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Kay's Originals Vol. 2


206 BIOGRAPHICAL SKETCHES. talents, and standing high in the applause of the world, she was remarkable for simplicity and the absence of everything like professional affectation. The announcement of Mrs. Yates when i~Edin burgh, that the part of Lady Randolph would be her “last appearance in Scotland,” proved to be more literally true than she probably contemplated at the time. Her death, little more than two years afterwards, was thus announced in the journals :-‘‘ At her house (2d May 1787), in Pimblico Terrace, in the fifty-ninth year of her age, Mrs. Yates, who had been justly deemed one of the brightest ornaments of the English stage. The disorder which occasioned her death was dropsy.” At her own request, she was buried near to the grave of her father, in the chancel of Richmond Church. No. CCXLII. ALEXANDER M‘EELLAR ; OR “THE COCE 0’ THE GREEN.” THE game of GOLF (or Scottice Gof)-of which the scene represented in the Print affords some idea-is a pastime, although not entirely unknown in England, more peculiar to Scotland, and has long been a favourite with the citizens of Edinburgh. In the Teutonic, or German, kolhe signifies a club ; and, in Holland, the same word, pronounced kolf, describes a game-of which the Dutch are very fond-in some respects akin to the Scottish pastime of golf.‘ At what period this amusement came to be practised in Scotland is not precisely known; but, from the circumstance of foot-ball being prohibited by a statute in 1424, in which no mention is made of golf, while it is specially noticed in a later enactment, 1457, the presumption is, that the game was unknown at the former period; and consequently that its introduction must have been about the middle of the fifteenth century. The prohibitory laws against foot-ball and golf were enacted that these pastimes might not interfere with the practice of archery ; the bow being then an instrument of war, in the use of which the Scots sometimes fatally experienced the superiority of their English neighbours. But a change having been effected by the invention of gufipowder, archery was no longer of national importance as a military exercise-the laws for its encouragement fell into desuetudeand the people were permitted again to indulge, without restraint, in the popular recreations. An accurate description of kolf is given in the Statistical Account of Scotland-parish of Inveresk-from the pen of the late Rev. Mr. Walker, Canongate, who had been for Borne time resident in Holland.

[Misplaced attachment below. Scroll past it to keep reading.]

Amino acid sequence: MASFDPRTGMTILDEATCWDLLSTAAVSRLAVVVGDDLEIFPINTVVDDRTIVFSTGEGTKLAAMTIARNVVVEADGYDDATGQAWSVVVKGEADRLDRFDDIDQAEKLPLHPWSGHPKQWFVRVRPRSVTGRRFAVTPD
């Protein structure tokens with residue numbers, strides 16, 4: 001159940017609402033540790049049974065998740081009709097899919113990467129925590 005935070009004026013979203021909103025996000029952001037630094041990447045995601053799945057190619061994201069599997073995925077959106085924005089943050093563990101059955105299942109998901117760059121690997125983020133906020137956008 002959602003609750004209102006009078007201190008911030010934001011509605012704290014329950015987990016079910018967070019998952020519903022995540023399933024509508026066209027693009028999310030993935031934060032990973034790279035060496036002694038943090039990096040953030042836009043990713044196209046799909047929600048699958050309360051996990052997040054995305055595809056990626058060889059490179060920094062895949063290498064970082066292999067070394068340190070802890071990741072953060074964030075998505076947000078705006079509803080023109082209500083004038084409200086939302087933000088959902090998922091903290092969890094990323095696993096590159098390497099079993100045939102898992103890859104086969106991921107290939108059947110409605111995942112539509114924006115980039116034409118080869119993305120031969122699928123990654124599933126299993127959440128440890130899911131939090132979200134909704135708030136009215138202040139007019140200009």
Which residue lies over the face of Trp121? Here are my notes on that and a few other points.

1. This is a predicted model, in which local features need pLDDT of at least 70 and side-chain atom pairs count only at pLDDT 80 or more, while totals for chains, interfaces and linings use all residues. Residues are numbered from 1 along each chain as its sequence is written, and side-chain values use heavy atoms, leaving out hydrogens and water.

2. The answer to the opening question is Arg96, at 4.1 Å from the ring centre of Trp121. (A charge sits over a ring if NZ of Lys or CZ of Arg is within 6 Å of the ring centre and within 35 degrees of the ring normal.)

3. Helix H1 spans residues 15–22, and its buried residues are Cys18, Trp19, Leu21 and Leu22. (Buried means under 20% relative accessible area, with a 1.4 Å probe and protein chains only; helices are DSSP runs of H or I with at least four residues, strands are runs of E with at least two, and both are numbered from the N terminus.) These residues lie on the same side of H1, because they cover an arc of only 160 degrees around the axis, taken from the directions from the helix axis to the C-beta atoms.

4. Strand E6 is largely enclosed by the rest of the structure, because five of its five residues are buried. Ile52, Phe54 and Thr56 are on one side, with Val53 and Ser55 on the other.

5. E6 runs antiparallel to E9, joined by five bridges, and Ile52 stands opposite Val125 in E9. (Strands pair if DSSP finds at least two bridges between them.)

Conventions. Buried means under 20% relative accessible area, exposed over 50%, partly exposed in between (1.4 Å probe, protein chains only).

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Volume 9 Page 277
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